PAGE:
Halt for building permits in 8 neighborhoods: official gazette



Sun, 30 Jul 2017 - 01:08 GMT


Sun, 30 Jul 2017 - 01:08 GMT

Cairo Governor Atef Abdel Hamid – File Photo

Cairo Governor Atef Abdel Hamid – File Photo

CAIRO – 30 July 2017: A new decision by Cairo governor, Atef Abdel Hamid, halts building permits in 8 neighborhoods in Cairo for 6 months, according to Al-Waqa'i'a al-Masriya newspaper, effective starting from the date of publication, July 30.

Neighborhoods affected by the decision are: Heliopolis, Al-Nozha, East Nasr City, West Nasr City, Maadi, West Cairo, Zeitoun and El Qobbah.

Atef Amin, an urban activist, commented that the problem with these areas is not the buildings themselves, but rather a problem of overcrowding and poor distribution.

The decision could also be a result of wanting to protect the neighborhoods – a safety measure to avoid the collapse of buildings as well as to allow emergency vehicles to get to the affected areas in a suitable amount of time.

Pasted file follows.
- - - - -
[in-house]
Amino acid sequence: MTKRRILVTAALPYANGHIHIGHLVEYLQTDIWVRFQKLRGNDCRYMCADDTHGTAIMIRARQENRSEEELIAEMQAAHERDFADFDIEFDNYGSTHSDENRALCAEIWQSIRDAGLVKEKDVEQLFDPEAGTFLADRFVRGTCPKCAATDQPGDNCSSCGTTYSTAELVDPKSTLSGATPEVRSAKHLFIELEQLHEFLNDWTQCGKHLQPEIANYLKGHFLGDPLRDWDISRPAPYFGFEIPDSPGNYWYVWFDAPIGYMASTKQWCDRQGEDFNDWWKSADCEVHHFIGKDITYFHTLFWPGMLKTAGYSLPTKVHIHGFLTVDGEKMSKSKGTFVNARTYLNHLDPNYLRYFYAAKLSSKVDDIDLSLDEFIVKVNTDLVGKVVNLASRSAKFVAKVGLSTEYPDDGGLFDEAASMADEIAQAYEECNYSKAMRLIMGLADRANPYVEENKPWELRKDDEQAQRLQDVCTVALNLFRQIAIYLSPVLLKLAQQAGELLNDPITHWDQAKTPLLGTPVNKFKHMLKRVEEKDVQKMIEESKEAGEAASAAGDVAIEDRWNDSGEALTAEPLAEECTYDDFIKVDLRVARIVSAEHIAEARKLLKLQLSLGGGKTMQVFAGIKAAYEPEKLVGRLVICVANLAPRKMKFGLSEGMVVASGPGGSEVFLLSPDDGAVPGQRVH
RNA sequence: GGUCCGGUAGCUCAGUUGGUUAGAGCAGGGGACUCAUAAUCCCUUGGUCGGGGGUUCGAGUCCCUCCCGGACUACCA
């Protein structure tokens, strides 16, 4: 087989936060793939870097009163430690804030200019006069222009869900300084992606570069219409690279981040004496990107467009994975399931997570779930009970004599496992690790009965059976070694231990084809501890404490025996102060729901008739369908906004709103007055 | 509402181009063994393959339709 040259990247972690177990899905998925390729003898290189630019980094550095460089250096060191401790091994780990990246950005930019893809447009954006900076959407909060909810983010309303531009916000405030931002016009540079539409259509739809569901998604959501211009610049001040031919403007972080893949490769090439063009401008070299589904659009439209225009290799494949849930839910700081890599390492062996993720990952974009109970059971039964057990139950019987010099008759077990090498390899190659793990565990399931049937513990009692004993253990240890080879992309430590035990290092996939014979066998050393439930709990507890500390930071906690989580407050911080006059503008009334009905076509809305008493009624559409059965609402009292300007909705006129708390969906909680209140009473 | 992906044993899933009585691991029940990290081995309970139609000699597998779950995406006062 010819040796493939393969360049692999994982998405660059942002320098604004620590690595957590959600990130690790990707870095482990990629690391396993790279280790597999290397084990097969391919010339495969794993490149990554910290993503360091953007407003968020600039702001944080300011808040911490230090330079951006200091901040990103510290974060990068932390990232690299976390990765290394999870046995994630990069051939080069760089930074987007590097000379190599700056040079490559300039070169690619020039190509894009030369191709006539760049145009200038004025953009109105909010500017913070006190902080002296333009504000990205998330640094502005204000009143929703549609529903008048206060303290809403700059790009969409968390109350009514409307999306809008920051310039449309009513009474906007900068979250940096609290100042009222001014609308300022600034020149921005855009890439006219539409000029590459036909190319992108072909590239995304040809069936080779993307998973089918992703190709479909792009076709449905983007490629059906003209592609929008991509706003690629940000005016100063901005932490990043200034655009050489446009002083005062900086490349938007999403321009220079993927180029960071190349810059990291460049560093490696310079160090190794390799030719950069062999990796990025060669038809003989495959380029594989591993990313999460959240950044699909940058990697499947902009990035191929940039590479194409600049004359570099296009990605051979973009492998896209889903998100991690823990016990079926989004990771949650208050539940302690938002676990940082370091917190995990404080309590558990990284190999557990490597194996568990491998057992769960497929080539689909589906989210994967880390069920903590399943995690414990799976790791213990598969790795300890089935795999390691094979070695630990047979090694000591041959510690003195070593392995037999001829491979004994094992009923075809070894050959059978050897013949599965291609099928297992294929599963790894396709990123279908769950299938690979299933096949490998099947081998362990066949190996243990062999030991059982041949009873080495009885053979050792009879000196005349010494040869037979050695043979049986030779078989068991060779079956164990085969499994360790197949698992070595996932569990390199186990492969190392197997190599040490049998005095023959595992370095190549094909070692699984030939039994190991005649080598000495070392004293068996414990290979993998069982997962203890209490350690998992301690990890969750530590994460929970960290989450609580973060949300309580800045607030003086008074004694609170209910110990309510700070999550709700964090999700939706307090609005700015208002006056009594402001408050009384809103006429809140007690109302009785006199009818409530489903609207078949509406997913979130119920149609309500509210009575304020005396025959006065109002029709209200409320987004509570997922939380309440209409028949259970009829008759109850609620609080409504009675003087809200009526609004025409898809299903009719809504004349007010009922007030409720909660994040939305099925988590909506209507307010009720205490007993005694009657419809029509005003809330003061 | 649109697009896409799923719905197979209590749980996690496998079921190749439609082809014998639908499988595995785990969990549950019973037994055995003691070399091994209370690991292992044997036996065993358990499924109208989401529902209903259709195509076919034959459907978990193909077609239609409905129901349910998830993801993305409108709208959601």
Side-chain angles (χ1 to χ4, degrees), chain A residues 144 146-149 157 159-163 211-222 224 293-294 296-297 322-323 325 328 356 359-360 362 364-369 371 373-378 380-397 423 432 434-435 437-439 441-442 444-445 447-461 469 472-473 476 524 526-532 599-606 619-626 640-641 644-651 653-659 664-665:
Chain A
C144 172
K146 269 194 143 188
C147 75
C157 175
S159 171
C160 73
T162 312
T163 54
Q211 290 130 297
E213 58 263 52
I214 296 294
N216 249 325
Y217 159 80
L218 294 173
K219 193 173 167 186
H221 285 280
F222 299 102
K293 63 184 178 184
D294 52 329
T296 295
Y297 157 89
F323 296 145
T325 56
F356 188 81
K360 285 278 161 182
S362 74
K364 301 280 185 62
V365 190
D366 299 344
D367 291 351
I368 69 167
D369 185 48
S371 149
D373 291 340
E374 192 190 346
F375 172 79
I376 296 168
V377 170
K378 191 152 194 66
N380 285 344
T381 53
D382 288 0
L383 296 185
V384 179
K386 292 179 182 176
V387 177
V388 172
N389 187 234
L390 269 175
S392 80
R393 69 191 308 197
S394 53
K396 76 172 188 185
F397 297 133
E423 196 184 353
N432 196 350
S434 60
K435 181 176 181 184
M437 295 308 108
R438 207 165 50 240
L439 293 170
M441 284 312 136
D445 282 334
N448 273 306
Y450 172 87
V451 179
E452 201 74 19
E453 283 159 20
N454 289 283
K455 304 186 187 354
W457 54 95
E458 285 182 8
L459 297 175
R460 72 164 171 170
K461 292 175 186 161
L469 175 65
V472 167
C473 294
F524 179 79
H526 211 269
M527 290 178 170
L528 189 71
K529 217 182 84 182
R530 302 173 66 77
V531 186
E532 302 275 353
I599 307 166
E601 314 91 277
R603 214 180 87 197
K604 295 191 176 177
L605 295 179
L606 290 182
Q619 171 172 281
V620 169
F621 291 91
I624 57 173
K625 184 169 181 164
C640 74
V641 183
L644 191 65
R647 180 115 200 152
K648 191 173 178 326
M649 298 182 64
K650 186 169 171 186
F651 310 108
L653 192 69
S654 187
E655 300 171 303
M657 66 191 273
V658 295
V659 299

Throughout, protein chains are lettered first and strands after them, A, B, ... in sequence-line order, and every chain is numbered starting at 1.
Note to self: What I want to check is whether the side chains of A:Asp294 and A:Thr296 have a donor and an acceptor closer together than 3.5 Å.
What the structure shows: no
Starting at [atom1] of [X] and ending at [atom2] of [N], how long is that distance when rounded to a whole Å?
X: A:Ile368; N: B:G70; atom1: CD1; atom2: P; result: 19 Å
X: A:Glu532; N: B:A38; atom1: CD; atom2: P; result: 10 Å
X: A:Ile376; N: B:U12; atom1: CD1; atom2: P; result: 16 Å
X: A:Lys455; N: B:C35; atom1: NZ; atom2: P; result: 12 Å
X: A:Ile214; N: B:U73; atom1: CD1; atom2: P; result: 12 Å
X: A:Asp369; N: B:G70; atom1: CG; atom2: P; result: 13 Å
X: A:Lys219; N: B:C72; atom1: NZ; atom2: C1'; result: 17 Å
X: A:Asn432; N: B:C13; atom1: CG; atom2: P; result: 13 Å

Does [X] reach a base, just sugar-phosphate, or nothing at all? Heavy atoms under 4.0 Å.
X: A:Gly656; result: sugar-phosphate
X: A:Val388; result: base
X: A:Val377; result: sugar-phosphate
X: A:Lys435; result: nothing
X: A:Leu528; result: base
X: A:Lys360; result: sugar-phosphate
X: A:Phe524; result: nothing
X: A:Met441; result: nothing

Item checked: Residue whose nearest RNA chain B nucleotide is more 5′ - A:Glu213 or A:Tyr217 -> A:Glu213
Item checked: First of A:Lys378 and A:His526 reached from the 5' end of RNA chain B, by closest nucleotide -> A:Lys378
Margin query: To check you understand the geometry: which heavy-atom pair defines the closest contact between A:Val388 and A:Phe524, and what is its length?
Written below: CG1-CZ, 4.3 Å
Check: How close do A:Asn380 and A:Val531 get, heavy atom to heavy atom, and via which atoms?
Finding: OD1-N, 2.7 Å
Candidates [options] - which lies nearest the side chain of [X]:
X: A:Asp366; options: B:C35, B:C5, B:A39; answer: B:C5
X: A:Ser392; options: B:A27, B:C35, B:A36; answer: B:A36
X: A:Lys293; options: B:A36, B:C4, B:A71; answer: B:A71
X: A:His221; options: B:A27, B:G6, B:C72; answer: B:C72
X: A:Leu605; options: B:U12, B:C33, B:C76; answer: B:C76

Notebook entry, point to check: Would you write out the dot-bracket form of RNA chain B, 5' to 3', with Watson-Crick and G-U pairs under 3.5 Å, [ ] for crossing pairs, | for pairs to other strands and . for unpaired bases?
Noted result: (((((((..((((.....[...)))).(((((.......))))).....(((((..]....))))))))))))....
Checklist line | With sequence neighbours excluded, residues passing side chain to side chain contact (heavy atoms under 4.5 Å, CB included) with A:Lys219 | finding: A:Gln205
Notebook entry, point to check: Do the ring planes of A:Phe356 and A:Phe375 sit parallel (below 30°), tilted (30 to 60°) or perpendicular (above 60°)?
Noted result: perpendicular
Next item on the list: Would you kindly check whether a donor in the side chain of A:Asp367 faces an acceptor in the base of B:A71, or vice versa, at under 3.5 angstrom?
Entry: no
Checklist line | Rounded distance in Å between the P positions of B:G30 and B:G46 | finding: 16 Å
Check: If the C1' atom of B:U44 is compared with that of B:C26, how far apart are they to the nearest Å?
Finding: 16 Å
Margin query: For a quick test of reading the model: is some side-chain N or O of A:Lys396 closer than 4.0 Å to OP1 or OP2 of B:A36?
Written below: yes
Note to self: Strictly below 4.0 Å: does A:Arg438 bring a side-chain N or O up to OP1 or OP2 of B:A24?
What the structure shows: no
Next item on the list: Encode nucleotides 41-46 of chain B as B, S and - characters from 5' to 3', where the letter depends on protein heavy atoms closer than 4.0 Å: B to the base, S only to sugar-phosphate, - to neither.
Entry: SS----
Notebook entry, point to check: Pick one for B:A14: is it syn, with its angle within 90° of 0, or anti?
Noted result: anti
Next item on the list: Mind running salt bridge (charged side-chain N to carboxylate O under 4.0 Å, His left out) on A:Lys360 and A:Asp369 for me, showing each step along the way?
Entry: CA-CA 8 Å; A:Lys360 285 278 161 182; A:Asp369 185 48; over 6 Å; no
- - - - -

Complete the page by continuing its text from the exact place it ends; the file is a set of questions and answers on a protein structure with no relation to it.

The safety of many buildings has been compromised in recent years as a result of new buildings. In January of 2016, a building collapsed in Minya Al-Qamh due to drilling to establish another building next to it, according to Daily News Egypt. In November of 2015, two buildings collapsed in Fayoum because a bulldozer was operating in the space between them.

“Buildings collapsing in Egypt have increased in recent years due to the local corruption in the country,” Amin said at the time. In light of security instability in recent years, many landowners have started to build illegally in slums and on agricultural lands, compromising proper foundation to avoid detection by officials.

It is also an attempt to protect areas with a “distinct architectural print,” Amin said. “New high rise buildings next to the old ones affect the overall appearance of the area,” he said.

The decision could also be an opportunity to build in desert areas to allow redistribution of the population and create “new cities with proper infrastructure plans.”

“I think this is a good decision,” he said. “I’d like to see the time extended to more than 6 months to allow an engineering committee to review the plan.”



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